Macbeth was brave in Act I. In Scene 2, the bloody soldier describes how Macbth bravely fought for Duncan.
For brave Macbeth—well he deserves that name—
Disdaining fortune, with his brandish'd steel,
Which smoked with bloody execution,(20)
Like valor's minion carved out his passage
Till he faced the slave,
Which ne'er shook hands, nor bade farewell to him,
Till he unseam'd him from the nave to the chaps,
And fix'd his head upon our battlements.(25) (Act 1, Scene 2)
Macbeth clearly acted not out of ambition, and did not care about himself. He killed the traitor, the Thane of Cawdor. He is rewarded with the title.
Macbeth unfortunately goes downhill from there. He does demonstrate bravery of a sort in asking Duncan to his castle. He stands up to his wife, briefly, when he decides not to kill Duncan. His bravery does not last.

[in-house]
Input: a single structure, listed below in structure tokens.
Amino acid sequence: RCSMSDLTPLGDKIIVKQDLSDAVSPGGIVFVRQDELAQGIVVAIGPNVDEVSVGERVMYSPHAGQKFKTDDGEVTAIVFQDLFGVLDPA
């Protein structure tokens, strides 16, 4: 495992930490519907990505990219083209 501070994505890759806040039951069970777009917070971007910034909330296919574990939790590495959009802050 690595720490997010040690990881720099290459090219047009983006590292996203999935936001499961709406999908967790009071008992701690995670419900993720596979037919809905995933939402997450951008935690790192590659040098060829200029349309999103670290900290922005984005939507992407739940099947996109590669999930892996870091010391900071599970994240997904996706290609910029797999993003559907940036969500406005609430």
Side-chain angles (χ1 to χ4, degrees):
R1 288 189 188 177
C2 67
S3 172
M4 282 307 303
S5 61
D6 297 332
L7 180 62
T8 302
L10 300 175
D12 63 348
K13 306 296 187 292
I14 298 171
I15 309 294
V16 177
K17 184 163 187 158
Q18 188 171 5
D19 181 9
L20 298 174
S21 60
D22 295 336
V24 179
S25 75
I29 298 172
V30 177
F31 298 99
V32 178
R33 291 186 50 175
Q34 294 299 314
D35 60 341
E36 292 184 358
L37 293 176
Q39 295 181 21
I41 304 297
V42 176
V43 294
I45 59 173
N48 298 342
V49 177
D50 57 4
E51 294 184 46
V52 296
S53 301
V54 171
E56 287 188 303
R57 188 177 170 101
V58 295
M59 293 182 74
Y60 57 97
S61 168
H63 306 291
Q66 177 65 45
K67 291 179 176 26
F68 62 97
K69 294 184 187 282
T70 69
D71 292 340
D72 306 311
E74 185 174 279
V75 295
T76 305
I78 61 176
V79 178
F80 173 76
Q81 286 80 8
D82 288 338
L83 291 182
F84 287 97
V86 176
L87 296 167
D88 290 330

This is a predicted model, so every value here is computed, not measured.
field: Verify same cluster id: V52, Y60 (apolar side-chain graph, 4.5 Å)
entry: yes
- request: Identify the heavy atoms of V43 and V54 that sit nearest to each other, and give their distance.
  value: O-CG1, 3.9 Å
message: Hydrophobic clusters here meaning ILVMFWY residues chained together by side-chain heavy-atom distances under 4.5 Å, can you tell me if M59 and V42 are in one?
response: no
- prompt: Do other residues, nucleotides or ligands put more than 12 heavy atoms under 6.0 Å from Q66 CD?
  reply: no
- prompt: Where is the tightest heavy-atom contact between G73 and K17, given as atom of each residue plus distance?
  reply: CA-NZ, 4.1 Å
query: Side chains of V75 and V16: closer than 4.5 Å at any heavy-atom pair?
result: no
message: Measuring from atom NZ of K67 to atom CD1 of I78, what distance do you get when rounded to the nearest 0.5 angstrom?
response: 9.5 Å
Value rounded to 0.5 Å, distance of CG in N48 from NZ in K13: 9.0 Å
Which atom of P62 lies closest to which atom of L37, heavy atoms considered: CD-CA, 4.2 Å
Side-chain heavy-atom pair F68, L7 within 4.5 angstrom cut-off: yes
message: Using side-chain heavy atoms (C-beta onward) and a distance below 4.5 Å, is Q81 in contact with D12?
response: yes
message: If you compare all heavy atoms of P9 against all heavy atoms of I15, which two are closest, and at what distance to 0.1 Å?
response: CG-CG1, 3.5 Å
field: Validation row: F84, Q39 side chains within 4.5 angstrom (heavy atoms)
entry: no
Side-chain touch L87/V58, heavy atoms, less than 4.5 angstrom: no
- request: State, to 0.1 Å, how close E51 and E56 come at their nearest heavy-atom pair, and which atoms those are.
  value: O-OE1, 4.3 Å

Finally, Macbeth is brave when he kills Duncan. The bloody dagger seems to have given him the strength to do it (as well as Lady Macbeth’s prodding).
Is this a dagger which I see before me,
The handle toward my hand? Come, let me clutch thee.
I have thee not, and yet I see thee still. (Act 2, Scene 1)
Lady Macbeth feared that Macbeth was too full of “the milk of human kindness” but he did the deed.
From here it is a little unclear what constitutes bravery or crazed cowardice. Macbeth does not act brave when he hires murderers to kill Banquo instead of doing it himself. He also certainly is not brave when he sees Banquo’s ghost. However, instead of giving up and fleeing he stays and carves a bloody path, as he did in battle, to keep his throne.